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In my old house I had an aga fitted with a water tank and 11 radiators to replace the storage heaters. The guys that came round were from the 'local' closest aga approved place and they were not bothered about getting the right sized radiators for each room / checking the output would match the radiators installed, didn't care if there was a plinth in place in the kitchen or not, botched the pipe runs in the loft nackering the possibility of opening a fire in the living room, didn't know about adding additional ventilation into the space where the Aga was, wanted to fit a radiator in the kitchen - the room where the aga [the heat source!] was. Basically the 'approved' people were totally useless didn't spec the job properly and reacted very badly when asked questions on their installation method. Needless to say not very happy.

For a simpler job of installing a stove I'd seriously think of doing it myself - but my current house is three stories facing the north sea so a bit scary at the top! - I'll live with my open fire until I move again.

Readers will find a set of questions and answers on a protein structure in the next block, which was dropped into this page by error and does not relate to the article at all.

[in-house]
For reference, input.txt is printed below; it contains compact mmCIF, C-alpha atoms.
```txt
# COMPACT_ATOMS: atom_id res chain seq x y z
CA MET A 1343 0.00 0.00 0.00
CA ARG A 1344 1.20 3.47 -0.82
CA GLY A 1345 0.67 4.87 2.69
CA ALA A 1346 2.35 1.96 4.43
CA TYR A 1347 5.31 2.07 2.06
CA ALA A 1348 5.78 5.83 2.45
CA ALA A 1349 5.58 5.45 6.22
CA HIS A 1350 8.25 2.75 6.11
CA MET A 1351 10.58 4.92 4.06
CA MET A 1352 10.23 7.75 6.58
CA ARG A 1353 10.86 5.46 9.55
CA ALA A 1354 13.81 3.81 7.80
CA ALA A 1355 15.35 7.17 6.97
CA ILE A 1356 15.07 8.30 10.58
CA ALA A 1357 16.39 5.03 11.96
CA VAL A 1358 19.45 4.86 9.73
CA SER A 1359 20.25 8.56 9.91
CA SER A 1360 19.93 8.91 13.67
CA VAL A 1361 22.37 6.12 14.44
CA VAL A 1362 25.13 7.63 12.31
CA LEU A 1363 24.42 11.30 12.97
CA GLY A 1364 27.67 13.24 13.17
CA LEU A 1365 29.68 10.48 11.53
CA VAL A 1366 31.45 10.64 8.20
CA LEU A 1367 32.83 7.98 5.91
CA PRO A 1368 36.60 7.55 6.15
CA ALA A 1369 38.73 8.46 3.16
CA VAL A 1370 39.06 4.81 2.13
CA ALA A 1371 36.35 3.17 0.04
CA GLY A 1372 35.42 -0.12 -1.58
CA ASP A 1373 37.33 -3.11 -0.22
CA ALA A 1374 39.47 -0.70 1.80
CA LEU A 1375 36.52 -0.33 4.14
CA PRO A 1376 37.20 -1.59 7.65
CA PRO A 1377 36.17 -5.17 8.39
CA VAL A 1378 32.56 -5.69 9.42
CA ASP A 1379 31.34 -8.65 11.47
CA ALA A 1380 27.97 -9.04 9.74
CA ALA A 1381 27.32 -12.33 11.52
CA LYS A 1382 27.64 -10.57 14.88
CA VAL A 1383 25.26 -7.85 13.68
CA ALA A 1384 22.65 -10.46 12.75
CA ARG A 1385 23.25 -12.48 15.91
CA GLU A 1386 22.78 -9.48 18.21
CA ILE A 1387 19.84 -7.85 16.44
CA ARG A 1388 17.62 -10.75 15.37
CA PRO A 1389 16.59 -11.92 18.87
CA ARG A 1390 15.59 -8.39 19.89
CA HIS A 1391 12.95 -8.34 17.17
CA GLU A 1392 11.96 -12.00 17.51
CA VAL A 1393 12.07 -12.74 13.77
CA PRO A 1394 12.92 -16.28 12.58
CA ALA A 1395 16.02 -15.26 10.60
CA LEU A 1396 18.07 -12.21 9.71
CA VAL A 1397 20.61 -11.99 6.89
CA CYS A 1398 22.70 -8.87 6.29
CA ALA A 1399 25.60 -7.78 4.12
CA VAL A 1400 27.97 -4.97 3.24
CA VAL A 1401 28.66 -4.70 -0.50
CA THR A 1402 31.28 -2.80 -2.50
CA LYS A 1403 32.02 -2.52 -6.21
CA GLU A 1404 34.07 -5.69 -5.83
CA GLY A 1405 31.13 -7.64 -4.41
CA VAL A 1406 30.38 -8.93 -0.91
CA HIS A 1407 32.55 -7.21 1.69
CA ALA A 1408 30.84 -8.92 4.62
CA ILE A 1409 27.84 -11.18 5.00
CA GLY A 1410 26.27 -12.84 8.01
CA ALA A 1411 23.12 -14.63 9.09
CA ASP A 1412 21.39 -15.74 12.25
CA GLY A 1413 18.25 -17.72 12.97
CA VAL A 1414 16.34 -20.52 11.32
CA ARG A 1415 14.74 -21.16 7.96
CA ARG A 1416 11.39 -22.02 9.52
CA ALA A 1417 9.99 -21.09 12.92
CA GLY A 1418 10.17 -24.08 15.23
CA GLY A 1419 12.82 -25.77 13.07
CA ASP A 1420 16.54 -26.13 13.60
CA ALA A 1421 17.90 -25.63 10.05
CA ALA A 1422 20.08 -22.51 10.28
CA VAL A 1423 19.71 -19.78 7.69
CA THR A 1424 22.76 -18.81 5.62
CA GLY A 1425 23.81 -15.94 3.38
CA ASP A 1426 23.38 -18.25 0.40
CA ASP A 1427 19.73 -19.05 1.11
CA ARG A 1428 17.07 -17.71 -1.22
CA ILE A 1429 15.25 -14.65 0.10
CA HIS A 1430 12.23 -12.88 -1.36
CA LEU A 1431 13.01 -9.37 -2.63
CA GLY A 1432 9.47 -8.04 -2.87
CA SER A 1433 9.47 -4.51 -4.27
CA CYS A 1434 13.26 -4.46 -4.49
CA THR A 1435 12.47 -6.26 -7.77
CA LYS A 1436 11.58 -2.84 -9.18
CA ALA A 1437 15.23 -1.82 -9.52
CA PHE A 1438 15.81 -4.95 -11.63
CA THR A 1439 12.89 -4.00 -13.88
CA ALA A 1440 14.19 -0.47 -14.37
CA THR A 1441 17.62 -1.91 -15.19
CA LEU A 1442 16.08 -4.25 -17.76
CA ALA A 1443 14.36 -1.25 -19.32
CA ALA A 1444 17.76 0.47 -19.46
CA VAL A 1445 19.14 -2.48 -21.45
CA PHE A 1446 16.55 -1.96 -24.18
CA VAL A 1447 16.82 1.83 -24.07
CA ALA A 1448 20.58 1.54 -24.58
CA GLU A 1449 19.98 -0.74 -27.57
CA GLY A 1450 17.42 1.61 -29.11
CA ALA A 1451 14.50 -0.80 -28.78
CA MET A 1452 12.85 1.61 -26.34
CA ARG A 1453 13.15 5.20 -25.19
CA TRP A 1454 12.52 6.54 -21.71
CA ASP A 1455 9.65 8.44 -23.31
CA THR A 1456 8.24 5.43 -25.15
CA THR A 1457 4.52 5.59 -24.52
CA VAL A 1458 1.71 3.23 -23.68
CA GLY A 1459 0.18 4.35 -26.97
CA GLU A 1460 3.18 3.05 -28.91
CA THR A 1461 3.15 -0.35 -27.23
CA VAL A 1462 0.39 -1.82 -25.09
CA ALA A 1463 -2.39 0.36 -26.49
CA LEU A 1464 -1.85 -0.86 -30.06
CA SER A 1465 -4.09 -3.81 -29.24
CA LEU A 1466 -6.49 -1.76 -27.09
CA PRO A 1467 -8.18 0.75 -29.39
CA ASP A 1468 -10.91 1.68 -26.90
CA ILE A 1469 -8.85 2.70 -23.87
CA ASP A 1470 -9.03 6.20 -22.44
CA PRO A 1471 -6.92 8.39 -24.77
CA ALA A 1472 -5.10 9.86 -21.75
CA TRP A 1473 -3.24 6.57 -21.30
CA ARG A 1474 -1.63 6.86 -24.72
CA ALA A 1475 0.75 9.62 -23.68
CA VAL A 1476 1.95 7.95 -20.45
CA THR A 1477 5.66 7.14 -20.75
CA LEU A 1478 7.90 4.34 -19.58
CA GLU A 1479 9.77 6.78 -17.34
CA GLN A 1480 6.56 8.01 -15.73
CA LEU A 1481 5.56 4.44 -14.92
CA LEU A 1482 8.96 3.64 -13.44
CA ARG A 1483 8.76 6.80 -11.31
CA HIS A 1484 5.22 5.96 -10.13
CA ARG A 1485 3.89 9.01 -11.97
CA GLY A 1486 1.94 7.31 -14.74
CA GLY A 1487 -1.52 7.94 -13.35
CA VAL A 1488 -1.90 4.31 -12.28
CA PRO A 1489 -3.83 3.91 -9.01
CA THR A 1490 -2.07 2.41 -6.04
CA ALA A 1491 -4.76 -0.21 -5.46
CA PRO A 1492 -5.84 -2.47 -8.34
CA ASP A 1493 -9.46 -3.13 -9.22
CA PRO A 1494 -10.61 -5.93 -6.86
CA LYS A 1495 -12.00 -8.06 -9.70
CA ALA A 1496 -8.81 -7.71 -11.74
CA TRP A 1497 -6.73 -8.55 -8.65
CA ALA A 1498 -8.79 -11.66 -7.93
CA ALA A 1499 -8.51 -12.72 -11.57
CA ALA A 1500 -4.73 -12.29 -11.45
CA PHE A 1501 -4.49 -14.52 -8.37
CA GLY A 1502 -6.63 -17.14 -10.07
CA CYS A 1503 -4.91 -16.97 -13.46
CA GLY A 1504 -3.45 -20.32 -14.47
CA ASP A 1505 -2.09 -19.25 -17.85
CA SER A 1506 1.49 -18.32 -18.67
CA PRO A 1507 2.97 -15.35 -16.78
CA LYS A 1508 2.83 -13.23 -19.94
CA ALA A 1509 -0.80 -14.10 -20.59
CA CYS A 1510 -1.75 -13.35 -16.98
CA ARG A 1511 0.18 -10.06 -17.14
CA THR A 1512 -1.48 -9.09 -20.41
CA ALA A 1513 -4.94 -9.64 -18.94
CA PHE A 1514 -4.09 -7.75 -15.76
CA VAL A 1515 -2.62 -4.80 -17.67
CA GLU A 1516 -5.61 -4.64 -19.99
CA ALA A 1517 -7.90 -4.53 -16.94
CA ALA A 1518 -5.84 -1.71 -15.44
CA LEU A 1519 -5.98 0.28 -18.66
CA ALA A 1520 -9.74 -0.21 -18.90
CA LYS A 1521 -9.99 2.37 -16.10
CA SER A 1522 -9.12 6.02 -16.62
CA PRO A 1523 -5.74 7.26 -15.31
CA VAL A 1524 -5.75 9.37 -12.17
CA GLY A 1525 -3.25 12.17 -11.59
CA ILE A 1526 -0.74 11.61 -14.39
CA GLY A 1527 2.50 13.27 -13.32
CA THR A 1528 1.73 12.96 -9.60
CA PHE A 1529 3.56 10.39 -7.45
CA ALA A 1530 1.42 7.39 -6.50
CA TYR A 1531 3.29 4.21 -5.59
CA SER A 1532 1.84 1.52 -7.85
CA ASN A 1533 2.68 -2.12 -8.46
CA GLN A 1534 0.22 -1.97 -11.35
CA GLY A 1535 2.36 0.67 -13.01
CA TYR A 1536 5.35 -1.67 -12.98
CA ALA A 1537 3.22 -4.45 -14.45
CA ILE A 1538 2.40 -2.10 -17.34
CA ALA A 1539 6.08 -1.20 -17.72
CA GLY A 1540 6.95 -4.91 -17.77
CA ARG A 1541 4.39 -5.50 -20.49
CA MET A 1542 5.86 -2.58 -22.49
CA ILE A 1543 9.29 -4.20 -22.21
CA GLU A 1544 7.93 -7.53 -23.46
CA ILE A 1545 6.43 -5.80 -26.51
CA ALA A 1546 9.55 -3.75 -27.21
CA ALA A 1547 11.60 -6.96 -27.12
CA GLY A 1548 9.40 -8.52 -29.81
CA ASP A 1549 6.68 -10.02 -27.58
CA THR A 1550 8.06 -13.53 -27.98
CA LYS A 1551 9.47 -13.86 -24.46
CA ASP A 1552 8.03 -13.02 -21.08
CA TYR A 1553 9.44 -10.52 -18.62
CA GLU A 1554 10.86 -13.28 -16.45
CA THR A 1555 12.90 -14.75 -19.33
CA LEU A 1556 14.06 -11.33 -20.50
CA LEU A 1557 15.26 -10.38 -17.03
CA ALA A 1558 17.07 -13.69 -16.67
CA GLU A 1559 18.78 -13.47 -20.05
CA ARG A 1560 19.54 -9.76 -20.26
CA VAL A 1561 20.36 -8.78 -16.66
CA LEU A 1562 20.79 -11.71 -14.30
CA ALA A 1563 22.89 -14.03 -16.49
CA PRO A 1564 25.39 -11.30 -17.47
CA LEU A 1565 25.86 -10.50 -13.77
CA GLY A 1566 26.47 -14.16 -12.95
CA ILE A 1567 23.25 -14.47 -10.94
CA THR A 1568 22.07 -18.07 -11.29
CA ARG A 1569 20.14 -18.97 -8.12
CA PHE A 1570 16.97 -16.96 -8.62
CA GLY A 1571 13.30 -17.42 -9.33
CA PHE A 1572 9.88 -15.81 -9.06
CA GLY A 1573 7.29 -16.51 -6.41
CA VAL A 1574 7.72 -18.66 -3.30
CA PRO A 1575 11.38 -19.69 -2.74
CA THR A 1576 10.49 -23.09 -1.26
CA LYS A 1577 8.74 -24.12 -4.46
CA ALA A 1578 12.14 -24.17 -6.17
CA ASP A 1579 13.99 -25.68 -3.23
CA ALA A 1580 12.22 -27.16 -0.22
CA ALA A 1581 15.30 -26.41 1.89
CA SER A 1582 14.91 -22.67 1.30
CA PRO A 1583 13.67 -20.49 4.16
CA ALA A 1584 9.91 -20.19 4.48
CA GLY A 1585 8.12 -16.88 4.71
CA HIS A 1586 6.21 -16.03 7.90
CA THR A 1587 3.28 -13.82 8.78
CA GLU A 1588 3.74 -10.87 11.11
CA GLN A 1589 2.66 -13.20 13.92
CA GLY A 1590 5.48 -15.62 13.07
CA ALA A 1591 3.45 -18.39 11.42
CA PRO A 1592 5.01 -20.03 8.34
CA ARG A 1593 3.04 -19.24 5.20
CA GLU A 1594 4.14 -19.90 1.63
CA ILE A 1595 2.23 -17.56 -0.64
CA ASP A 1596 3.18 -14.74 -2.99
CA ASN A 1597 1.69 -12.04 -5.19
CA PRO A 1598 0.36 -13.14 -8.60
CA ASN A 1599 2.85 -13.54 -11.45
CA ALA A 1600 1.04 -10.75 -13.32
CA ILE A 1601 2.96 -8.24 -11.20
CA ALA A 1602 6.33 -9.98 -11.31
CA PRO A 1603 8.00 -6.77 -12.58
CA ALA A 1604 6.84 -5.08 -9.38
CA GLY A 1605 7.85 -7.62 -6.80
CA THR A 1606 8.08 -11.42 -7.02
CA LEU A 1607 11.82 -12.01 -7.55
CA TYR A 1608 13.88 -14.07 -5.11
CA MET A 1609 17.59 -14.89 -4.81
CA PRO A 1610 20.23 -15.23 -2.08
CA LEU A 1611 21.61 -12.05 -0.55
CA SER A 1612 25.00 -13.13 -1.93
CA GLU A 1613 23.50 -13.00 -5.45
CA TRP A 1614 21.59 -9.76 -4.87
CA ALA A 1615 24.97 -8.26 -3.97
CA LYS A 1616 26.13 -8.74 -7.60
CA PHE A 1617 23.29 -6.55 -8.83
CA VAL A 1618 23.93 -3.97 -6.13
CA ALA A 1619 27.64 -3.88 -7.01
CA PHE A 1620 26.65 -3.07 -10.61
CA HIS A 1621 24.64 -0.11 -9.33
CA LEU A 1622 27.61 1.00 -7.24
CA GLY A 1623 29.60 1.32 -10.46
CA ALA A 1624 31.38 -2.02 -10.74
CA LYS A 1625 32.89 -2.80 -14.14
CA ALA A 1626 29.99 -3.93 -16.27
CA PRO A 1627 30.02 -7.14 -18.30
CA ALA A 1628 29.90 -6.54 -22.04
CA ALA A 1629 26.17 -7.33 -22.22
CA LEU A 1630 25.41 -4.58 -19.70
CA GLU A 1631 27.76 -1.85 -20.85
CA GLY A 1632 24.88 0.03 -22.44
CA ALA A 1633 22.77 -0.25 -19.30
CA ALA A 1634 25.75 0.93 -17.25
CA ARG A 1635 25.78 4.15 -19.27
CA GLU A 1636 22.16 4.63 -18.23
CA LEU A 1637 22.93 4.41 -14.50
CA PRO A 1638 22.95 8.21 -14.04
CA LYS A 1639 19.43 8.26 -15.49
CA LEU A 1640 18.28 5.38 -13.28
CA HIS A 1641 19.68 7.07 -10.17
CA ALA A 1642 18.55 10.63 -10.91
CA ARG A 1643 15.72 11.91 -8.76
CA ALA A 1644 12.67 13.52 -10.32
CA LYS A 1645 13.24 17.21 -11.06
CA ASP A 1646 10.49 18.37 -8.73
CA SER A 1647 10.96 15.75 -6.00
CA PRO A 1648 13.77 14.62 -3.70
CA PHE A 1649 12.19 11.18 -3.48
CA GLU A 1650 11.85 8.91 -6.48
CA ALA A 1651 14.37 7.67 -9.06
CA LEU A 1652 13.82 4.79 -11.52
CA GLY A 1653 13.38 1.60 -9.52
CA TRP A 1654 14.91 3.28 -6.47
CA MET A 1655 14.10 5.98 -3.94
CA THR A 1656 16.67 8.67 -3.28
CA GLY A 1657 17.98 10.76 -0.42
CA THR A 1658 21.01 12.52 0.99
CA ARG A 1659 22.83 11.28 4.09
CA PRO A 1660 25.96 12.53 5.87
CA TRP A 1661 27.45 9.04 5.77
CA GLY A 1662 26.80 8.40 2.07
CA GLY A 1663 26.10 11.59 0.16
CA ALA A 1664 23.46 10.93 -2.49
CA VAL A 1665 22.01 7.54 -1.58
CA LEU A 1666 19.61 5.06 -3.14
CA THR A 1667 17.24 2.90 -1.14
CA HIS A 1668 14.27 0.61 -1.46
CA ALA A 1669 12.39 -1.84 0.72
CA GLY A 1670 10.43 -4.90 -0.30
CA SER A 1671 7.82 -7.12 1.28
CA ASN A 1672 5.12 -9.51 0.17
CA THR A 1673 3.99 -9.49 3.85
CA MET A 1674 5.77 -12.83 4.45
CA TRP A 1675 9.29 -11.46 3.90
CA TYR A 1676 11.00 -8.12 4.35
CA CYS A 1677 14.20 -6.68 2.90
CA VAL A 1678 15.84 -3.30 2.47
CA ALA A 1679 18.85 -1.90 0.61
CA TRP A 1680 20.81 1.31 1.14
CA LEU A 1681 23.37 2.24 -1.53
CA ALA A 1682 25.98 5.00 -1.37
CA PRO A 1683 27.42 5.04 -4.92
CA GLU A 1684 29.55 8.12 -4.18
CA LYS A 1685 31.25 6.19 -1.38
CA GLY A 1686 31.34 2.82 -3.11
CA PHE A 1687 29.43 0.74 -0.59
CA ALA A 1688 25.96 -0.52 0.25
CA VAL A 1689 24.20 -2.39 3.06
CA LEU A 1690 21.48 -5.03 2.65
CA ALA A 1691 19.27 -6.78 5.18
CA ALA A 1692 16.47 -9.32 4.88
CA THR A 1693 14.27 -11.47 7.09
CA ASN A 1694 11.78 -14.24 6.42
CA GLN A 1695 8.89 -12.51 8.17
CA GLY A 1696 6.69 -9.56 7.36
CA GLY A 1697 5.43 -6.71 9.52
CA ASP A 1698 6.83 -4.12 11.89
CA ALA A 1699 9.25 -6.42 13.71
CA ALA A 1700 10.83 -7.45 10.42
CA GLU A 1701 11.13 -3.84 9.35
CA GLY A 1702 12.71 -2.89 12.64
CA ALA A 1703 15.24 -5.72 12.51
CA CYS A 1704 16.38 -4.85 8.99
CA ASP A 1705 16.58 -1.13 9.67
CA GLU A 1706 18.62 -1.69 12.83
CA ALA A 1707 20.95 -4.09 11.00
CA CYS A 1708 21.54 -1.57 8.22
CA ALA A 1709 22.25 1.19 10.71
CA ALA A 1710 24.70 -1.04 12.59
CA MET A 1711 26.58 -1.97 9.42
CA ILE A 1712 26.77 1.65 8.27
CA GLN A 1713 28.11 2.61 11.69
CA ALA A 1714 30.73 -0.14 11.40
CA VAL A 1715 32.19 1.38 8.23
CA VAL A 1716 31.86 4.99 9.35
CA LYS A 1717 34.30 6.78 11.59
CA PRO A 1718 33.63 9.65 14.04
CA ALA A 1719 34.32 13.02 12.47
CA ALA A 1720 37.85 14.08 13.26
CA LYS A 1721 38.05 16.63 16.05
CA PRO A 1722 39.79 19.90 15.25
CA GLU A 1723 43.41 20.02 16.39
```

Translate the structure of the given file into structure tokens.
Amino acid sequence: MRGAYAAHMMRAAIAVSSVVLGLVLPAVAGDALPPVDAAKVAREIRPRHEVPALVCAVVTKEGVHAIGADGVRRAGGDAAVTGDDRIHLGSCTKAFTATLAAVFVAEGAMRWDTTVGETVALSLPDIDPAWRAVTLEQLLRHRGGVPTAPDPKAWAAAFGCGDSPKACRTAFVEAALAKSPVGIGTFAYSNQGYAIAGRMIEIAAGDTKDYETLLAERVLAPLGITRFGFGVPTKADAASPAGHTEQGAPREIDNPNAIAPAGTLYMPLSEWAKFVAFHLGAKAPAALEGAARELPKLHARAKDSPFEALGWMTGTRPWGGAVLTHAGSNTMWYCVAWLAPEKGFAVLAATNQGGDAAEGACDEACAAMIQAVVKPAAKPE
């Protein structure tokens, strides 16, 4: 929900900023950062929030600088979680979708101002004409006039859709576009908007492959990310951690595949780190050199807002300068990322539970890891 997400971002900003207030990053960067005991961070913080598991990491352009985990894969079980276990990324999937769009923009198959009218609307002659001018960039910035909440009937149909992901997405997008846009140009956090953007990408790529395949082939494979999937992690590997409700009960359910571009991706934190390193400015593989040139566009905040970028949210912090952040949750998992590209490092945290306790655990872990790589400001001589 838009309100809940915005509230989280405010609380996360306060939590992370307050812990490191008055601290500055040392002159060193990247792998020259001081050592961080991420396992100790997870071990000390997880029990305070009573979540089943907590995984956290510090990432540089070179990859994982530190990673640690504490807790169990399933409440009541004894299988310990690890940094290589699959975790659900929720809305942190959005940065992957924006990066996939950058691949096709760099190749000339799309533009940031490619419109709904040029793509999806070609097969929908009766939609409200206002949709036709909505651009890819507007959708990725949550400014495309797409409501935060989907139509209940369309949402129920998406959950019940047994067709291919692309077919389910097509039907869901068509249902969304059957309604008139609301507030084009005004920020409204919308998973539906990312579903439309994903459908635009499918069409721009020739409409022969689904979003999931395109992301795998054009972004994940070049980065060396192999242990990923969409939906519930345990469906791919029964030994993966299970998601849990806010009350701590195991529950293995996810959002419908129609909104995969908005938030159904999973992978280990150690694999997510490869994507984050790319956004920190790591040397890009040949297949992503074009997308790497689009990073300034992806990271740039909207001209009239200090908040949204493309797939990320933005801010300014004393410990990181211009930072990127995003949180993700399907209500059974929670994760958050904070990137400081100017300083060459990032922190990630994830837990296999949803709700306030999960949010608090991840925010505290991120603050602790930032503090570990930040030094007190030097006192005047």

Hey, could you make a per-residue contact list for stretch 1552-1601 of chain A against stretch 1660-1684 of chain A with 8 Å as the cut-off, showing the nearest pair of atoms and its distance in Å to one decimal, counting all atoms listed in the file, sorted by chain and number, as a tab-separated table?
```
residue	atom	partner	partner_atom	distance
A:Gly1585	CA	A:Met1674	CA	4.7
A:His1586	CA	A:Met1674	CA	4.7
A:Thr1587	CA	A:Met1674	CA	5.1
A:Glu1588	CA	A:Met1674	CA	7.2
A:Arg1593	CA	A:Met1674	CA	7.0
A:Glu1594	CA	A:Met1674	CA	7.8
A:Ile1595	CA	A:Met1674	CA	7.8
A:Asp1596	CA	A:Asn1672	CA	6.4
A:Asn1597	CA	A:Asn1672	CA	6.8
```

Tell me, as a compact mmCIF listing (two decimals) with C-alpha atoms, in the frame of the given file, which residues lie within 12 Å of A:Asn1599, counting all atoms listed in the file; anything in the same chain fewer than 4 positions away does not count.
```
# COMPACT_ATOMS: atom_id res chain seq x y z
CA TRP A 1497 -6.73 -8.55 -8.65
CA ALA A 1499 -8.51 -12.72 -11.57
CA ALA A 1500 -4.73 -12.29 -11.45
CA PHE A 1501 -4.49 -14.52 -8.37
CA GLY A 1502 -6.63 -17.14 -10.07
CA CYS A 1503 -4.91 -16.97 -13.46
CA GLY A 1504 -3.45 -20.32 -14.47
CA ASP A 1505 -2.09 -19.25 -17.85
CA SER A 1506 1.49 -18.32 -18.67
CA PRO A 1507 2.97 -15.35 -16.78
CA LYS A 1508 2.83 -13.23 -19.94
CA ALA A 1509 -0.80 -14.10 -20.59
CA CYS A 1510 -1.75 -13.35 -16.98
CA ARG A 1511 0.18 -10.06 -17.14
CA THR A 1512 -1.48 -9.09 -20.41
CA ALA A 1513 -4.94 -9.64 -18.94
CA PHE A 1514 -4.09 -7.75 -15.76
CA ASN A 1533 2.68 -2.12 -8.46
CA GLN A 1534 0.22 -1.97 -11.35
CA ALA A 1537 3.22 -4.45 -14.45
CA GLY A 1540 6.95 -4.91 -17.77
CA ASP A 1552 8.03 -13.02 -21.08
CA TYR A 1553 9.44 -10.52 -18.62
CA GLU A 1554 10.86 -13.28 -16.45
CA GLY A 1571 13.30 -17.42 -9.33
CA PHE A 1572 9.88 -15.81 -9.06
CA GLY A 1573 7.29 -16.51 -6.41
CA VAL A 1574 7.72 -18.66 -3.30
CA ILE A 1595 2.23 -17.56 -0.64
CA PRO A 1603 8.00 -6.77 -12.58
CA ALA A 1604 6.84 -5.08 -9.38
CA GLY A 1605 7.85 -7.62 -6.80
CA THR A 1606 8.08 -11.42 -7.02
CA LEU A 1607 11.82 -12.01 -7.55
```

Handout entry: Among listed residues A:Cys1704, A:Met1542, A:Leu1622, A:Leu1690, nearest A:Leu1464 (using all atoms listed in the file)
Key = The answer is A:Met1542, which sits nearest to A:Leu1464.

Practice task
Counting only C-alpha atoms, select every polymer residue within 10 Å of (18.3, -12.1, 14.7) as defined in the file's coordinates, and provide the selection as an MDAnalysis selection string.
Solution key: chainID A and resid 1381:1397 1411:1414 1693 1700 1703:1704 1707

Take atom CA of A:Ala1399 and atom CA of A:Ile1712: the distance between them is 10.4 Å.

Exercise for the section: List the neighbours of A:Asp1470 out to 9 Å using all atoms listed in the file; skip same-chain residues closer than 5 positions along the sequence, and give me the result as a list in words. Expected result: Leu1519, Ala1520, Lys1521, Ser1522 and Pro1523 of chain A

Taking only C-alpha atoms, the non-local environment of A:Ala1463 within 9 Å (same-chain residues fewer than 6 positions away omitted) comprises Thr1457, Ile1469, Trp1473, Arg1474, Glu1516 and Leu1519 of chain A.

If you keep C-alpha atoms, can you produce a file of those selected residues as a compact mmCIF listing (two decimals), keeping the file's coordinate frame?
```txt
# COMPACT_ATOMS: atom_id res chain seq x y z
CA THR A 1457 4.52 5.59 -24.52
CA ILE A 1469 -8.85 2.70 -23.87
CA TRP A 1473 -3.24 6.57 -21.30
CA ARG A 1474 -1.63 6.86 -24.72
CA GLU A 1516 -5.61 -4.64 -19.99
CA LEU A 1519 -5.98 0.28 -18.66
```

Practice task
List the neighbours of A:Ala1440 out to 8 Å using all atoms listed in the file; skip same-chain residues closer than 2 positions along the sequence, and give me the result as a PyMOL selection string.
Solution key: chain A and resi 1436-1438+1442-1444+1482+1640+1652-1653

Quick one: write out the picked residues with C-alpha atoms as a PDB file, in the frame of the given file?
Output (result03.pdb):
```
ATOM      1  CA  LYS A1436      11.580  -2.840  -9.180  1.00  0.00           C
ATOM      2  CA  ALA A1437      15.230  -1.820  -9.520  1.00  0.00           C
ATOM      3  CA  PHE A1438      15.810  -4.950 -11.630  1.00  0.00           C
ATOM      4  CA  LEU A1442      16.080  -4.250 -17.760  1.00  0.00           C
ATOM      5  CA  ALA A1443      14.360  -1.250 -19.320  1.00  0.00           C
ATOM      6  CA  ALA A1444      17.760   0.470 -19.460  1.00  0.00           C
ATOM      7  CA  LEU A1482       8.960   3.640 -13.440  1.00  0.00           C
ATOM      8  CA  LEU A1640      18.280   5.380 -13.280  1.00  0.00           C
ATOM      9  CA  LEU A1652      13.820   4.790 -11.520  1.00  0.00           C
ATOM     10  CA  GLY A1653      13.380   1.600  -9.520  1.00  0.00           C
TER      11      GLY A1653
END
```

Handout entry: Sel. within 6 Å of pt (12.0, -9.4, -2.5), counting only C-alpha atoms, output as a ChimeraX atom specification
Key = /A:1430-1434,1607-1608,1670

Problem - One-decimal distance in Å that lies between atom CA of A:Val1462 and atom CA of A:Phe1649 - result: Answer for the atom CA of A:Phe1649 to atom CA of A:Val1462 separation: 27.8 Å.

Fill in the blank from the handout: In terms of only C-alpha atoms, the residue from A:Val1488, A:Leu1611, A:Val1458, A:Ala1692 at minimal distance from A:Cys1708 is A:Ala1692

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gonzo_the_great

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My house was 'corperation' built in 1936. Looks like a council house, but never was. So you would assume that it would have been done well. But I have loose plaster everywhere. Any little job you do tends to snowball, to the point of gutting the room and starting again.

The worst bodge job, possibly DIY, but I suspect it was doen by a tradesman... The replacement cold water tank.
The original riveted steel one, was located on the joists over a supporting wall. The replacement plastic one, was 4 times the size and had been sited right over the centre span of a room. Causing all the joists to bow and crack all the lath and plaster ceiling away from the lath. Which came down, and you can imagine the mess.

I'd planned to put in a woodberner, when I moved in. But the whole chimney brest had been knocked out in my side, only the neigbours had a chimney. So end of that plan. But I have installed a couple in my assorted workshops, so all is not lost.
 
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Toddy

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Eh ?